The result is that many of us have developed mostly sedentary lifestyles, which don't provide for an adequate, natural maintenance of our physical bodies, and so we find ourselves lacking in physical fitness and more susceptible to serious health issues.

Adding regular workouts at the gym can be a great way to begin improving your fitness, but many people who do so remain sedentary outside of those gym workouts. A single workout for an hour usually can't compete with all those other hours of sedentary lifestyle. It's great to add times of exercise and physical workouts to your week, but those workouts aren't to be the only movement and activity you have; instead, focused physical workouts should be a significant supplement to a more active lifestyle.

Thinking that a workout two or three times a week will overcome an otherwise sedentary way of living and working is an inaccurate assumption. In fact, new studies have revealed that living a sedentary life largely composed around sitting can be dangerous for our health, with one report calling sitting the "new cancer." The American Cancer Society has reported the following:

"Did you know that sitting for six or more hours daily can elevate your chances of dying from cancer and other major disease --- even if you maintain a healthy weight and don't smoke?

"This startling finding emerged from a review of data from the American Cancer Society's Prevention Study II (CPS-II). Researchers concluded that:
  • Women who sat for six or more hours daily faced a 37 percent greater risk of death as compared to those who sat for three hours or less.
  •  For men, the increased risk of death for those who sat at least six hours daily was 17 percent.
  • Those who did not exercise regularly and also sat for long periods faced even greater mortality rates --- a startling 94 percent higher for women and 48 percent higher for men."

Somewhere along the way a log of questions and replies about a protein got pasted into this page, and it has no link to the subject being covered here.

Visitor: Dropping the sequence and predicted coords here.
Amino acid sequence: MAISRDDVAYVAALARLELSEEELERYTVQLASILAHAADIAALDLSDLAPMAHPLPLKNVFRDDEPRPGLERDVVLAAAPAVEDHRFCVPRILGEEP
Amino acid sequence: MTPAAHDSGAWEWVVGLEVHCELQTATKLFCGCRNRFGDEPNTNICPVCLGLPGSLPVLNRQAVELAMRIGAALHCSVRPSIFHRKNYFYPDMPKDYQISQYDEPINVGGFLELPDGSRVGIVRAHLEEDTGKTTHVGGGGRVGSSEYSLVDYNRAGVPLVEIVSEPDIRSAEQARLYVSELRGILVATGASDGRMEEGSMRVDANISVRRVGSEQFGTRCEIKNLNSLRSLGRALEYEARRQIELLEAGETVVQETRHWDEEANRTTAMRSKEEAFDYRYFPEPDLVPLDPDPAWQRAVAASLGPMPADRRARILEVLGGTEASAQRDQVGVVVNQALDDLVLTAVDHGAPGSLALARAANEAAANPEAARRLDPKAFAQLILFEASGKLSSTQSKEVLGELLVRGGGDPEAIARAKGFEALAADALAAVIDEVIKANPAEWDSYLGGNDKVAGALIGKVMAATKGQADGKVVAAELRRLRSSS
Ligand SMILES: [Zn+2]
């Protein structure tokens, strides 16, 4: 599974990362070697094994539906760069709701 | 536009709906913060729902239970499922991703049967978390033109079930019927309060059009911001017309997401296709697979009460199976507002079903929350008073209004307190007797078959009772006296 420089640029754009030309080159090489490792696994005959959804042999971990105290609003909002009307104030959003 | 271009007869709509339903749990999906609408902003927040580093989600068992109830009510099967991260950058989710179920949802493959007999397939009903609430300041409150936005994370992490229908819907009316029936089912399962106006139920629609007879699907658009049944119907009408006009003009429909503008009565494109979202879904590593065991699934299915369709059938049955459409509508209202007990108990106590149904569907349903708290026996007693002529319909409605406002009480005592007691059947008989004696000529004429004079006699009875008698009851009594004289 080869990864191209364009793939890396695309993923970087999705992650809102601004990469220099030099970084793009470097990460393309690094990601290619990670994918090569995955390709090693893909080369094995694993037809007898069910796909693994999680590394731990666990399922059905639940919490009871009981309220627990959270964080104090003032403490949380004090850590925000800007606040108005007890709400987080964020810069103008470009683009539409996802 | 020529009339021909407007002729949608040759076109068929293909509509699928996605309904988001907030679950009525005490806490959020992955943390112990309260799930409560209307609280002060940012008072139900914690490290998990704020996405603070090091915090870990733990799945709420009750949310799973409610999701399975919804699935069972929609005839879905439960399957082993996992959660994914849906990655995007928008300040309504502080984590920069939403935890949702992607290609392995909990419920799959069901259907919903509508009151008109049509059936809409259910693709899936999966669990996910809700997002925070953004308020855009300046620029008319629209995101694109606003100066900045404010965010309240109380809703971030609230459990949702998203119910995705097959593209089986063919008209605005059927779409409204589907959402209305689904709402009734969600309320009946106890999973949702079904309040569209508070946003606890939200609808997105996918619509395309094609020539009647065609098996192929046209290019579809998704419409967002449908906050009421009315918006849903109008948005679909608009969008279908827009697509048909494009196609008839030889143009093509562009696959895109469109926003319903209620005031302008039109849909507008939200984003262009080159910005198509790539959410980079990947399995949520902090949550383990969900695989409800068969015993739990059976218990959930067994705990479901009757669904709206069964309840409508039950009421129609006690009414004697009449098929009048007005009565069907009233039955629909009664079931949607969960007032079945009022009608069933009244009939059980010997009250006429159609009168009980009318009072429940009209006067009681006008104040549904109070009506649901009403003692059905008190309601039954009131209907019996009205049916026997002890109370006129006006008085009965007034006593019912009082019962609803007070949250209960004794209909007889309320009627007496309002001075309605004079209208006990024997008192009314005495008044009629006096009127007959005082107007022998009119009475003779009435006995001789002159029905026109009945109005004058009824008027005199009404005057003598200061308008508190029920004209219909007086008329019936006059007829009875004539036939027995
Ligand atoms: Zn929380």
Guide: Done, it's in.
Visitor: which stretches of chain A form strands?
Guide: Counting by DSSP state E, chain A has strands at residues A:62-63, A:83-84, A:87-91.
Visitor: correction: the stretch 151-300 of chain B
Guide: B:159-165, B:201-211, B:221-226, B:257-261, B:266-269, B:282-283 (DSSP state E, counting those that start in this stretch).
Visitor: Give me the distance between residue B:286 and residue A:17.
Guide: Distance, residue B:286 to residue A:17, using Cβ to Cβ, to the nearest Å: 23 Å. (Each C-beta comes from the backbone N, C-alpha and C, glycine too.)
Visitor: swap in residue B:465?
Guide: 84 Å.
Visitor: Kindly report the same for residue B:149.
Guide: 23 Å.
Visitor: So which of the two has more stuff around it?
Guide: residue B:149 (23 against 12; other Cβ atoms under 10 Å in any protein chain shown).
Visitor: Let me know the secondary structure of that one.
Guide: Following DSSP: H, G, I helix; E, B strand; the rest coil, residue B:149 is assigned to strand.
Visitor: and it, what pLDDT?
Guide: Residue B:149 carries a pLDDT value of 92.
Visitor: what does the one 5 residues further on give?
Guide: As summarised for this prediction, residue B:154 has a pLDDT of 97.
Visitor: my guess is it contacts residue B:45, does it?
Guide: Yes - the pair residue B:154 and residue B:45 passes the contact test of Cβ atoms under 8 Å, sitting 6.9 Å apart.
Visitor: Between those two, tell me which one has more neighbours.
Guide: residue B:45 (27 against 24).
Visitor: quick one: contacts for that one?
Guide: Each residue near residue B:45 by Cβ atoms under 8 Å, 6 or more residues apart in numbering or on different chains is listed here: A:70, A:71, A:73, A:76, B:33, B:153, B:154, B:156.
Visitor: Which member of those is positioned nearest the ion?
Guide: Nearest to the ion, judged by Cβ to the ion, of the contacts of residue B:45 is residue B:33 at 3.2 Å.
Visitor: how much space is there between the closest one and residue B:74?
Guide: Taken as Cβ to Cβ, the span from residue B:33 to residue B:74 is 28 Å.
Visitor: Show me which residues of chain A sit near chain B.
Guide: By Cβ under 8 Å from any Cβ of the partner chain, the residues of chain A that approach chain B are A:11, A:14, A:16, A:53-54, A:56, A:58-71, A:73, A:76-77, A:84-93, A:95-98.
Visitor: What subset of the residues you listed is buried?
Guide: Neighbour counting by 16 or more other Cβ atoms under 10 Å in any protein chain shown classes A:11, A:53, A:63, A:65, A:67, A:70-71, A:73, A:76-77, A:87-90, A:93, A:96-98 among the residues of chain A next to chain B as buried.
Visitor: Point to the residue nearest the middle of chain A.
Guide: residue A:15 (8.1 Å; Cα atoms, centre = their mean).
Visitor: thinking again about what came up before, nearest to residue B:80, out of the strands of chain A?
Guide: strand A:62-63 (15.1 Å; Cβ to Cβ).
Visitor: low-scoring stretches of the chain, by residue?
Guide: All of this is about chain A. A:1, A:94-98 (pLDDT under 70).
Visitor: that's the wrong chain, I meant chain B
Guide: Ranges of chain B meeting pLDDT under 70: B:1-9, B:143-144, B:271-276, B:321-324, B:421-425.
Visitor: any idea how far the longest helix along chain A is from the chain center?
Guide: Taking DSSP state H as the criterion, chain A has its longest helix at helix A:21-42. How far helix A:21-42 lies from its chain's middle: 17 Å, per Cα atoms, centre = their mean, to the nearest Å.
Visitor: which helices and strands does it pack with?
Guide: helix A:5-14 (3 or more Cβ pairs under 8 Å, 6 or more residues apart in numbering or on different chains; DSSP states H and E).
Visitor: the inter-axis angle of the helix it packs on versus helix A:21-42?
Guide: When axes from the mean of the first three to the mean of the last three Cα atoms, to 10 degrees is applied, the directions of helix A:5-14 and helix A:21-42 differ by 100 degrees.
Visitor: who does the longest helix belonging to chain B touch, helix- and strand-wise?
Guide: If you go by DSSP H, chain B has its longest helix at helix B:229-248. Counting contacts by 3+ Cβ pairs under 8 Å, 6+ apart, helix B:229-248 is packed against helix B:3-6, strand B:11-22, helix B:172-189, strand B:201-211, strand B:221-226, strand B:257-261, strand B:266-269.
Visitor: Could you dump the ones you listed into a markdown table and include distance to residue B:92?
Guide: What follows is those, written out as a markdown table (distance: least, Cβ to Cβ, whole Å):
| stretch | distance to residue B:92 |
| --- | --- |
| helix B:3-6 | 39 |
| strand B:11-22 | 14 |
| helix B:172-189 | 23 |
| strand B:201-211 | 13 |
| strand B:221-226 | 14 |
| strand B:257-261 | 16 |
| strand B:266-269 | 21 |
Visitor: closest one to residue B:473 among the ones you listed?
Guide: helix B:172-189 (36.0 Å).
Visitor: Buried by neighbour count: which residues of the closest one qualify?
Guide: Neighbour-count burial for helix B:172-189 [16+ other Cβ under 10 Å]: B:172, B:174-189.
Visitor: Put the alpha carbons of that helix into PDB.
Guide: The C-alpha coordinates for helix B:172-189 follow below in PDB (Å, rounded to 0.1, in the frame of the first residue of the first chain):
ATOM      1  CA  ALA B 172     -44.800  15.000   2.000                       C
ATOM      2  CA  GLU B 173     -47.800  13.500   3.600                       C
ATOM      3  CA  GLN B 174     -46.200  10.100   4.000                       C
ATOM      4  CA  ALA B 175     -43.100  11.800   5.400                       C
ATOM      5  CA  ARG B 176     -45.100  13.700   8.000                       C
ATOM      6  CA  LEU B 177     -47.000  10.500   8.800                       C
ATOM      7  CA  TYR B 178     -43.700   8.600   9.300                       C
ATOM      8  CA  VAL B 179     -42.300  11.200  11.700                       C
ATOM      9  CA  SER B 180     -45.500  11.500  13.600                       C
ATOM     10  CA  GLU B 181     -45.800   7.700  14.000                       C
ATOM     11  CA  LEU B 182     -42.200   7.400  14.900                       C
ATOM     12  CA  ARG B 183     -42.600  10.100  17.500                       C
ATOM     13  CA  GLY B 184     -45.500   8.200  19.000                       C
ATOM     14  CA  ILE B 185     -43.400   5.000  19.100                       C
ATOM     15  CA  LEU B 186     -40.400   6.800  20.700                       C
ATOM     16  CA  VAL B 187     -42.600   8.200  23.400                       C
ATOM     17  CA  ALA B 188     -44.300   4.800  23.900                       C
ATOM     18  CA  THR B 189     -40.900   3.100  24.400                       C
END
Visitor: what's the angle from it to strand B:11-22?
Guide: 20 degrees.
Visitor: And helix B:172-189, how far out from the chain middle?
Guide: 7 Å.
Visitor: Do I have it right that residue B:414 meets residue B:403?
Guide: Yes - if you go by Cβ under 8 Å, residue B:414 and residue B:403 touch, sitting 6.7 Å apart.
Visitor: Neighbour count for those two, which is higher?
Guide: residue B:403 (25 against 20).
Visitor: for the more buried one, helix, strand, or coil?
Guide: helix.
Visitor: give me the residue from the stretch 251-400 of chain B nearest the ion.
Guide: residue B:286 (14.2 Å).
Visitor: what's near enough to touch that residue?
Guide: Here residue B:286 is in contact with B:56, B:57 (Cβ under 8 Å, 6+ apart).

Another study revealed that we can help prevent such serious threats to our health, and contribute to improving our fitness, by standing and moving every 20 minutes. The study found the 20-minute mark to be optimal, but the bigger conclusion we can draw is the need for us to routinely stand and move a few times each hour that we're awake.

New York Times Phys Ed columnist, Gretchen Reynolds, offers the following:

"Sitting for long periods of time --- when you don't stand up, don't move at all ---  tends to cause changes physiologically within your muscles," says Reynolds. "You stop breaking up fat in your bloodstream, you start getting accumulations of fat ... in your liver, your heart and your brain. You get sleepy. You gain weight. You basically are much less healthy than if you're moving."

With such data available, it's no wonder that federal health guidelines recommend 30 minutes of moderate exercise --- such as walking or jogging --- every single day. Standing, moving, becoming more active, and adding in 30 minutes of moderate exercise every day can make a significant difference in your fitness level and your health. Personally, I think working out at the gym at least three days a week and engaging in cardio exercise at least five to six days each week are valuable targets to aim for.

A farmer once planted two fruit trees on opposite sides of his property. One tree he planted as a hedge to hide the unsightly view of an old landfill; he planted the other tree to provide shade to rest under next to a cool mountain stream that ran down beside his fields. As the two trees grew, they both began to produce fruit.

One day the farmer decided to gather the fruit from the tree nearest his house, which was the one used to provide a hedge from the landfill. As he brought the fruit inside the house, he noticed it looked a little deformed; the symmetry of the fruit wasn't good, although the fruit still looked edible. Later that evening, while sitting on his porch, the farmer took one of the pieces of fruit for a snack. Biting into the fruit, he found it to be extremely bitter and completely inedible.

Casting the worthless fruit aside, the farmer walked across the field to the other tree he had planted by the mountain stream, where he plucked a piece of fruit from it and bit into it. This fruit was sweet and delicious, so he gathered several more pieces of fruit and took them to his house.